A newly discovered bacterium, found down a South African gold mine by scientists at the Blue Marble Space Institute of Science, USA, could potentially be used as a model for alien life. Desulforudis audaxviator was isolated 2.8km below ground in an extremely inhospitable environment – lacking light, oxygen and carbon – and instead seemed to thrive on the radiation from uranium, using it to drive biochemical processes. Since radiation also exists in space, the researchers wonder if other life forms exist elsewhere in the universe, surviving on cosmic rays in a similar way to D. audaxviator.

  • Staphylococcus aureus’ way to fight antimicrobials

    13th October, 2016

    New research from scientists across several French institutions has shown that Staphyloccocus aureus can use the fatty acids naturally found in the human body to resist triclosan, an antibacterial agent found in a wide variety of household products. Triclosan blocks the ability of some bacteria, including S. aureus, to create the fatty acids they use for growth and virulence. The study showed that, when triclosan is introduced, S. aureus is able use the fatty acids in its surrounding environment – in this case, in the infected individual’s body – to continue growing instead.

  • Common, but sometimes dangerous

    7th October, 2016

    Enteroaggregative Escherichia coli is a bacterium that can cause severe diarrhoea and growth problems in children, but for some reason, some of them carry the micro-organism in their guts with mild or even no symptoms. To understand why this might be the case, researchers from different Danish institutions studied the gut microbiome of over 170 children between the ages of 0 and 6 years over the course of a year. The study found that the enteroaggregative E. coli was prevalent among the children, but only half of them experienced gastrointestinal symptoms, with most of them mild. However, the scientists noticed that many of the E. coli strains isolated were resistant to antibiotics. This suggests that any prescribed antibiotic treatments may have devastated the natural gut flora without killing the E. coli, allowing it to then take over and cause more severe symptoms.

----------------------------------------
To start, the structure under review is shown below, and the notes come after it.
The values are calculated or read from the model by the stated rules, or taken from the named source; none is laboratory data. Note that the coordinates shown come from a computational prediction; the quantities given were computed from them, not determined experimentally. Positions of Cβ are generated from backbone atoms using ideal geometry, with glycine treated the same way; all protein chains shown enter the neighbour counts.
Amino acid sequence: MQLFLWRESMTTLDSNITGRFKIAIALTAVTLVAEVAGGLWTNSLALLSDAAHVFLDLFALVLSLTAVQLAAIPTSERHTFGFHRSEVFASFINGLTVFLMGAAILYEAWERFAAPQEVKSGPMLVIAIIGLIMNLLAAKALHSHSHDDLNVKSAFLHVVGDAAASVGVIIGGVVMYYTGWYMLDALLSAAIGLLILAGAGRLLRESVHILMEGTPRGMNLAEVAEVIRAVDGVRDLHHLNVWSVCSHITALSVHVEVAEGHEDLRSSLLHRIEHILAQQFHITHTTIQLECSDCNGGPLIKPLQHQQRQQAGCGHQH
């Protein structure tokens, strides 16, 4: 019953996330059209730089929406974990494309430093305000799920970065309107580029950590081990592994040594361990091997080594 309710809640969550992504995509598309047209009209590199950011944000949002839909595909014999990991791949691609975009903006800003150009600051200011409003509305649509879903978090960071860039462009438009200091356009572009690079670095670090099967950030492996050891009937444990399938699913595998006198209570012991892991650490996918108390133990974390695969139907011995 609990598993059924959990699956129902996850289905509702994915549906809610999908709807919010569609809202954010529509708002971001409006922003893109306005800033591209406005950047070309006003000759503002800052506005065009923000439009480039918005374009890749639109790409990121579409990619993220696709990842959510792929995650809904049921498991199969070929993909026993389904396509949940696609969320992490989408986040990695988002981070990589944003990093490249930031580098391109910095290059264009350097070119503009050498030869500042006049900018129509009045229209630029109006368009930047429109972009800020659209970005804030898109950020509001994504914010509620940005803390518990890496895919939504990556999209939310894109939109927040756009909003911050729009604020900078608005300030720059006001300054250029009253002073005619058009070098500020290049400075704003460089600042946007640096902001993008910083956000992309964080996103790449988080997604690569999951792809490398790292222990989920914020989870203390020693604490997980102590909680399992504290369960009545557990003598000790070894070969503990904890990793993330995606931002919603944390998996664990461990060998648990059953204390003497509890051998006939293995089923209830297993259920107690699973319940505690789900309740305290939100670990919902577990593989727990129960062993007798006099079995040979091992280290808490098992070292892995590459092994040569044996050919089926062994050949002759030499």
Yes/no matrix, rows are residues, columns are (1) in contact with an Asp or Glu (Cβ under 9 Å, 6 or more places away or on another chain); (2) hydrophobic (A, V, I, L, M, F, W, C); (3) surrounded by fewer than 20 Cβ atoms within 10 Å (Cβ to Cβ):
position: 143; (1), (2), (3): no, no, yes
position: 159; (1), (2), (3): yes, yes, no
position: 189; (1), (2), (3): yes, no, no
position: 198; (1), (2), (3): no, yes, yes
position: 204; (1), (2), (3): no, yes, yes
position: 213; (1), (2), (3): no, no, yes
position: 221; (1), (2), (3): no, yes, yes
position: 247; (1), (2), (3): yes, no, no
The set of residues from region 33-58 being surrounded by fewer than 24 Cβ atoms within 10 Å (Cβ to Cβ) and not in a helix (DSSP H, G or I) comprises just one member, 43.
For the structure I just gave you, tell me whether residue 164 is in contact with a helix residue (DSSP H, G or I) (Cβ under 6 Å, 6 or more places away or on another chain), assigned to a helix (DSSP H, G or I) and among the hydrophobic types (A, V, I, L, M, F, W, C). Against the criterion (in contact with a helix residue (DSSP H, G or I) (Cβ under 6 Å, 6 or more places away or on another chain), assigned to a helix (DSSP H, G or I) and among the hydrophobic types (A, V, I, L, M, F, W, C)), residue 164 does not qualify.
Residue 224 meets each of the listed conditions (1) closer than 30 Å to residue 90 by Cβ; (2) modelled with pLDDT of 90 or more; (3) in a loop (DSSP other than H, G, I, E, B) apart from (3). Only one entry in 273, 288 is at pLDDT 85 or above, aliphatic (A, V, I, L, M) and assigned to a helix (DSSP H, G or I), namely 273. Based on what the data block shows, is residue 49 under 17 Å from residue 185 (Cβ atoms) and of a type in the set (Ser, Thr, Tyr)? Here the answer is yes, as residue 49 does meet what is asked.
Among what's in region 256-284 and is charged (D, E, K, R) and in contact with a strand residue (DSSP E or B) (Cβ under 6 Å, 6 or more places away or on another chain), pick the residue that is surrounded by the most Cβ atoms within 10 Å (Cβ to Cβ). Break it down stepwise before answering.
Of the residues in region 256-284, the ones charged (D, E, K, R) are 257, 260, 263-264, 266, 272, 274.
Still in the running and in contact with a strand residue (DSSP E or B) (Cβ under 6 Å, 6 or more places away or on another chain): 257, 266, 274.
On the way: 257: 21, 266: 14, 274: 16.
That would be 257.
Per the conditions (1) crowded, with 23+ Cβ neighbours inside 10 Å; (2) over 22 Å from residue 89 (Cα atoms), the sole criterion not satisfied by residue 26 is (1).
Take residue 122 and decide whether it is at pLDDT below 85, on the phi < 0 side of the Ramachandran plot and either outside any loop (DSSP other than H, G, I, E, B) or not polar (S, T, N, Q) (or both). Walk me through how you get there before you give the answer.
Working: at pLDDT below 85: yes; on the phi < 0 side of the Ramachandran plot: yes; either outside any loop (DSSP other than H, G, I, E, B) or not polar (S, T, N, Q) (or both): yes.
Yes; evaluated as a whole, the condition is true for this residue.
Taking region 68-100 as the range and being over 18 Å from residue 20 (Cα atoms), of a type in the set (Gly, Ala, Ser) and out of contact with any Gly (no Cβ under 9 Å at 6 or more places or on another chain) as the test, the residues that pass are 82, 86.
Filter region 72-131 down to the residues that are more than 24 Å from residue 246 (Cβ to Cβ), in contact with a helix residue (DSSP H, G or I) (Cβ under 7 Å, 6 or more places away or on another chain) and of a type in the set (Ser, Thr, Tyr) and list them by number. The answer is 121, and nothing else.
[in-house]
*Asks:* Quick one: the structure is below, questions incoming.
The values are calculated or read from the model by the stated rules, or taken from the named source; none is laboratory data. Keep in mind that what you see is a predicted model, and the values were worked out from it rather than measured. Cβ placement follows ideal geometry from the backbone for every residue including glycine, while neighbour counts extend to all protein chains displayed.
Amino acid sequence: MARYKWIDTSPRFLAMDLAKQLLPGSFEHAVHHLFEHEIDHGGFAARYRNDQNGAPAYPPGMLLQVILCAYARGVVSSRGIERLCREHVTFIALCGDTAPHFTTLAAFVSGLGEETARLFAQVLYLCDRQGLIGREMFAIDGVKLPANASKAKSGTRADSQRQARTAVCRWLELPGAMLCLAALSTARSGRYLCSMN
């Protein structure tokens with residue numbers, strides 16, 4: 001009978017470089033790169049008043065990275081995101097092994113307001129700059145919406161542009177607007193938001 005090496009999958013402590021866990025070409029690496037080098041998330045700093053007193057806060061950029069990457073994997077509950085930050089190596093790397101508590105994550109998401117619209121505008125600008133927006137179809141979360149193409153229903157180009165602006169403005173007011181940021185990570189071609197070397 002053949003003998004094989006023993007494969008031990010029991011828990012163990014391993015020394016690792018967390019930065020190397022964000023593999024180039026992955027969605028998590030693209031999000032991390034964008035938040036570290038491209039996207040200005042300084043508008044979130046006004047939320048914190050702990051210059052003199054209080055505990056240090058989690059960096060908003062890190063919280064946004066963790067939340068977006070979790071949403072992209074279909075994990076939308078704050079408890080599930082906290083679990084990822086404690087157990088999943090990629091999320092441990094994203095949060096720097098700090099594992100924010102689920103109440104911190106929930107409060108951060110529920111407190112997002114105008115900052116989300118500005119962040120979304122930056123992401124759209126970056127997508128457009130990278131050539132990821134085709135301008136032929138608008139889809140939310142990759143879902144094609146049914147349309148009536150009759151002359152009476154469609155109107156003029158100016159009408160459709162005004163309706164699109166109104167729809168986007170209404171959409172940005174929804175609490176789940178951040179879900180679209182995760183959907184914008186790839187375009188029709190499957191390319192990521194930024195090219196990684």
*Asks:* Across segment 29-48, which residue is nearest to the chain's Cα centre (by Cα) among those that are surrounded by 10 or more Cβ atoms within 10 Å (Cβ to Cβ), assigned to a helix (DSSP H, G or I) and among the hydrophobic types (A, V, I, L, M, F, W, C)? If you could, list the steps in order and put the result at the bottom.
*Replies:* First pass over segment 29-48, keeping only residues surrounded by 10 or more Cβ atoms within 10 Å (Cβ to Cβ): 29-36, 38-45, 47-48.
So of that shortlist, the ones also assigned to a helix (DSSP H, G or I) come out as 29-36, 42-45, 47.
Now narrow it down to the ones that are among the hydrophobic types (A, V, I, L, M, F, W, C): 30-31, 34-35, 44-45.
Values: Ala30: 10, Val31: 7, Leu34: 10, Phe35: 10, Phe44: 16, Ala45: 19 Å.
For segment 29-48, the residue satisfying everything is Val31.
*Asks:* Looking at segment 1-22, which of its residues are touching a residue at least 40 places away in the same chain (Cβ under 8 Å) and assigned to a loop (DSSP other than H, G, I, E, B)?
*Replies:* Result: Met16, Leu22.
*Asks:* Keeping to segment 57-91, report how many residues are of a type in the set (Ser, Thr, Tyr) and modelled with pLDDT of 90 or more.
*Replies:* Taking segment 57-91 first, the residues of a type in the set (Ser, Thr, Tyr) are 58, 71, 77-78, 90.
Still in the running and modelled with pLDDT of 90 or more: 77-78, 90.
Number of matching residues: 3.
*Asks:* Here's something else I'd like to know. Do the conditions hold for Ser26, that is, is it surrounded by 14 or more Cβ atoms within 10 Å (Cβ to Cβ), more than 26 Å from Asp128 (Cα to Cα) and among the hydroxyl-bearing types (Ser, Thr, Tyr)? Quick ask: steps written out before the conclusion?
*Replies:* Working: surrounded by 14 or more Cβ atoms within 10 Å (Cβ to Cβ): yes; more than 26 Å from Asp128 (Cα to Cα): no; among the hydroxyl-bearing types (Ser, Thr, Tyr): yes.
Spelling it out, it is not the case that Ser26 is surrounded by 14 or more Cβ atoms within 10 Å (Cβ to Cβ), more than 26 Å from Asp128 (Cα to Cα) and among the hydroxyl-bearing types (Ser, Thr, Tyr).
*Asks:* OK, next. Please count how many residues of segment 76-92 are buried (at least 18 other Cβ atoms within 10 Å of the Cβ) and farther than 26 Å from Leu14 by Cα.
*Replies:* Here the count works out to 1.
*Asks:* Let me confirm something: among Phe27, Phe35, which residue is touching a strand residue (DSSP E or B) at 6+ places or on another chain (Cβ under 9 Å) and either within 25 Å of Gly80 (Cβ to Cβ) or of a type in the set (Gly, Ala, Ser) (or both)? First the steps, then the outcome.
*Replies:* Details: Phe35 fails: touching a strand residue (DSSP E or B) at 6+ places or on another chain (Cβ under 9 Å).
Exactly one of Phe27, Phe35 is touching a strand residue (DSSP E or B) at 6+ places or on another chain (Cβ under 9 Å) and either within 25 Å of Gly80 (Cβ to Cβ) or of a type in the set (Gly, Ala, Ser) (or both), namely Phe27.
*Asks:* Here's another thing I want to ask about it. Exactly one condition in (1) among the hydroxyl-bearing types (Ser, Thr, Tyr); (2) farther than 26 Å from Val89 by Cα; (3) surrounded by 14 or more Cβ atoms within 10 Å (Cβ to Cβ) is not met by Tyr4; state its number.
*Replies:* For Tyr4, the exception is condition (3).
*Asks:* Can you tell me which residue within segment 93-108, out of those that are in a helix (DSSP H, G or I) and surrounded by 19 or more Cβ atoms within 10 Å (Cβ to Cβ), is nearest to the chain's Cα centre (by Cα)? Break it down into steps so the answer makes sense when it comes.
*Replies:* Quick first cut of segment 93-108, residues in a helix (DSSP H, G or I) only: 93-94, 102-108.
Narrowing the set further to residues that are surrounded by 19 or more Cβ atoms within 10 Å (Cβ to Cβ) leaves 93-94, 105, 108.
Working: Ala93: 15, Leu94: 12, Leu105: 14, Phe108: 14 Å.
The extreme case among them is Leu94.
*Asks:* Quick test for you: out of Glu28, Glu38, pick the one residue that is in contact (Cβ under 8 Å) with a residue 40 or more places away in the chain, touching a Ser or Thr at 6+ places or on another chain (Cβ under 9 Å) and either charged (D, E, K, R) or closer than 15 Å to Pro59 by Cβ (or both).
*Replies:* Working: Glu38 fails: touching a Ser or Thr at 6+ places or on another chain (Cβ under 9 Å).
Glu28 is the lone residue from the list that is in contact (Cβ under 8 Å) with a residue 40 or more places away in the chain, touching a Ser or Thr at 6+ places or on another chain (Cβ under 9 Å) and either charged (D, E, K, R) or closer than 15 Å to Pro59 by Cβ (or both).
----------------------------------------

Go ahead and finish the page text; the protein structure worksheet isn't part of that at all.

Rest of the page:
• Not fond of the heat

    7th October, 2016

    There are many consequences of climate change, but a new study by scientists at various institutions in Japan found that the temperature rise could kill off some species of insect by proxy. The investigation showed that, when exposed to higher temperatures, heat-sensitive bacteria living symbiotically in insects’ guts can die, which can lead to the death of their hosts. This could mean disaster for insects such as the Southern green shield bug, as they rely on their specific set of gut microbes to survive. In lab tests, the researchers raised the insects at temperatures 2.5°C higher than normal, and none of the young bugs survived to adulthood.